These arguments and debates are not the root of my interest in AI and robotics, however. While most people are looking at the challenge of AI and robotics to society, I’m looking at the challenge of the robots to us. What is the human cost of integrating AI and robotics into society? It is clear that using intelligent devices, even the base algorithmic intelligence of a current smart agent like Alexa, changes the way that humans think and make decisions. We retain less information and outsource the storage of data to our devices. This means that these external devices filter the information provided to us when we make a decision: we lose some of our autonomy by trading it for convenience and for a perceived “fuller picture” which is not the case.
As Eli Pariser has shown in his book The Filter Bubble, a vital role of technology is choosing what not to reveal to us. In 1987 we might have made a decision based on incomplete information but the question of what to retain and what to discard was a purely human decision. Thirty years later we have more information but that information is valued and presented to us not by a human thought process but by algorithmic design. The information society we value so highly has created too much information for us to process. We are faced with a tyranny of choice created by overwhelming data and have outsourced the filtering of that data to algorithms and devices. This has led to developments like big data analytics and algorithmic regulation.
As we approach the brave new world of human-level machine intelligence, which some commentators believe could be with us by 2030, we will, however, be asked some very deep questions about our identity and what it means to be human. The first significant challenge is likely to be how we treat our new equals. A common theme of sci-fi is human inability to recognise and treat with respect sentient life forms different from our own. If we do achieve human-level artificial intelligence within the next 20-30 years, what we do next will define both us as humanity and our relationship with our creation. Will we treat it with respect, as an equal, or will we treat it as a tool?
When the machine intelligence reaches human level and becomes sentient and self-aware we will have to consider it an intelligent life form.
Today when we talk of AI and robotics we normally define them as tools or devices to be used as we please: to drive cars or fly planes, to mine in dangerous environments, or simply to manage our everyday lives. This may be acceptable with the current standard of low-level machine intelligence; however, when the machine intelligence reaches human level and becomes sentient and self-aware we will have to consider it an intelligent life form. If we then continue to treat it as a tool or device it will be no different from treating humans in this way. The UK abolished human slavery in 1833; in less than 30 years we may be revisiting the debate. Such debates, or even the possibility of such debates, mean that for lawyers AI and robotics offer a unique opportunity to hold a mirror up to humanity and society and to examine how we make and uphold our most fundamental legal principles and norms.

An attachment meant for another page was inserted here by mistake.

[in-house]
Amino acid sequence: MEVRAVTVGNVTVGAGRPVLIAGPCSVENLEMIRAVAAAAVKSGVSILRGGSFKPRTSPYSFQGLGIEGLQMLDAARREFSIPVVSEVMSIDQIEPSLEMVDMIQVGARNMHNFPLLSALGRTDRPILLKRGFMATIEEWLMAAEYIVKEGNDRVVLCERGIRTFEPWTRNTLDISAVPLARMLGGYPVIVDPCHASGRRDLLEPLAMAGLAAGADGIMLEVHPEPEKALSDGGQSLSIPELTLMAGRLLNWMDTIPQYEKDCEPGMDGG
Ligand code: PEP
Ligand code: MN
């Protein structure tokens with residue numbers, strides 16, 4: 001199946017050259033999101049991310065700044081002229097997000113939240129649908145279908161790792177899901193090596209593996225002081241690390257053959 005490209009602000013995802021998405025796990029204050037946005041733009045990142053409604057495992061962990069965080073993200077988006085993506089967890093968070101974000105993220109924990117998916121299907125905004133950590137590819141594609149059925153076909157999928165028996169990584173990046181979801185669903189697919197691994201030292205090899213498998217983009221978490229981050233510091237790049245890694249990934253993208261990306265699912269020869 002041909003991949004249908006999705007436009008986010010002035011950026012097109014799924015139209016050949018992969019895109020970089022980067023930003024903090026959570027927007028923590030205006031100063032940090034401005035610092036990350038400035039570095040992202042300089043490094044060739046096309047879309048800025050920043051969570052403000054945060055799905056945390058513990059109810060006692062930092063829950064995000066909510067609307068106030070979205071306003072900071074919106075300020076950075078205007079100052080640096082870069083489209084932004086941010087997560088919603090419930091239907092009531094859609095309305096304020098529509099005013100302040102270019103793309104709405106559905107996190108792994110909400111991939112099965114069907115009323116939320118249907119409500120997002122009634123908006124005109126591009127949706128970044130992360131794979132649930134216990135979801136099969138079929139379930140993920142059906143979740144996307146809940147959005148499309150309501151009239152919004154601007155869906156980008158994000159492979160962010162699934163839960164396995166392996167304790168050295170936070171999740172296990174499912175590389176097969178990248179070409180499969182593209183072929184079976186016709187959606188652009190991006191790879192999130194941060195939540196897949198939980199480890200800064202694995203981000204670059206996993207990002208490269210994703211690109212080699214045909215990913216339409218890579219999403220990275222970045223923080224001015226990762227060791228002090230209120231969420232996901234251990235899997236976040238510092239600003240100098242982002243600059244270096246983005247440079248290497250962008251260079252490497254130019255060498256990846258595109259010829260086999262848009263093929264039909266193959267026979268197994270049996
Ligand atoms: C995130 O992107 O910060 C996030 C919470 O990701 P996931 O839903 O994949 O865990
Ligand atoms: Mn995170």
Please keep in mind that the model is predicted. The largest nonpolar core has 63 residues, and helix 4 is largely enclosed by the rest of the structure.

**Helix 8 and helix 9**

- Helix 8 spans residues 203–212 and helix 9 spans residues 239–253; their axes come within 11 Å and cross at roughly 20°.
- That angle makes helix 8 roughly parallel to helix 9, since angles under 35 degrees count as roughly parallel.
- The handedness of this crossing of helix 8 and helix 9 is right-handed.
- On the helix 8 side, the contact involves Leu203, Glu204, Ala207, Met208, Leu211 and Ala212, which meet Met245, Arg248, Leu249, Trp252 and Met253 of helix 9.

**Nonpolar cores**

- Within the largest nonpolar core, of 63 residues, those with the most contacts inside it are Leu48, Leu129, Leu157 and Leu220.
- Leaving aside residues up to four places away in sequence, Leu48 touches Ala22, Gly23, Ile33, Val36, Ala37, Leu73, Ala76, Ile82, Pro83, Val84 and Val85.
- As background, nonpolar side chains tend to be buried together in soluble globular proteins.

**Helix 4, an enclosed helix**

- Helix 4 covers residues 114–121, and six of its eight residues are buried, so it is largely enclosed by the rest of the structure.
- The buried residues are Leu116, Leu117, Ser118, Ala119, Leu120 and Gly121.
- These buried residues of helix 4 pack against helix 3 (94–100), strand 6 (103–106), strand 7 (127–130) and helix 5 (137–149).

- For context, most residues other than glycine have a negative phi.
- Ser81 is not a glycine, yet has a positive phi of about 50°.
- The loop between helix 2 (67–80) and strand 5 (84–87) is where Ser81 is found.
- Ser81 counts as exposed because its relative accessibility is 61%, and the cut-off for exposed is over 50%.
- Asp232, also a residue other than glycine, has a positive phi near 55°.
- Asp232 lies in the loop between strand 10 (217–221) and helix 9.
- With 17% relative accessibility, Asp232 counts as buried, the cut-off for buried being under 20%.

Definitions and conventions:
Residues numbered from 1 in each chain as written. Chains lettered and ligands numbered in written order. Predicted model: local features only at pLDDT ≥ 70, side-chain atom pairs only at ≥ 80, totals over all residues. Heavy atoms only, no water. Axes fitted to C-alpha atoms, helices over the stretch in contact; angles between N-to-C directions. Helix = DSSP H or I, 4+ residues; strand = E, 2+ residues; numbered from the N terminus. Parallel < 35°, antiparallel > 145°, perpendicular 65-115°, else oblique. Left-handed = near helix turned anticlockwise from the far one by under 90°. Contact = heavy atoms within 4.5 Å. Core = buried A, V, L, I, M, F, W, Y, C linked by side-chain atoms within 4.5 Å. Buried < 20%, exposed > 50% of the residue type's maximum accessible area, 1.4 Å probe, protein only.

- This blog post appeared originally on LSE Connect, the magazine of LSE’s alumni community and was subsequently published by the LSE Business Review.
- The post gives the views of its author, not the position of the Media Policy Project or the London School of Economics.
- The Media Policy Project has previously undertaken work on Automation, Prediction and Digital Inequalities and Algorithmic Power and Accountability in Black Box Platforms which may be of renewed interest to our blog readers.
- Featured image credit: Photo by DasWortgewand, under a CC0 licence
- Andrew Murray is professor of law, with particular reference to new media and technology law. He is also a fellow of the Royal Society for the Encouragement of Arts, Manufactures and Commerce (FRSA). Andrew studied law at Edinburgh University, from where he graduated (LL.B. Hons) in 1994. He undertook the one year postgraduate diploma in legal practice during 1994-95 and then spent one year as a research assistant in the department of private law, University of Edinburgh, before taking up a lectureship in law at the University of Stirling in 1996. He joined LSE in 2000.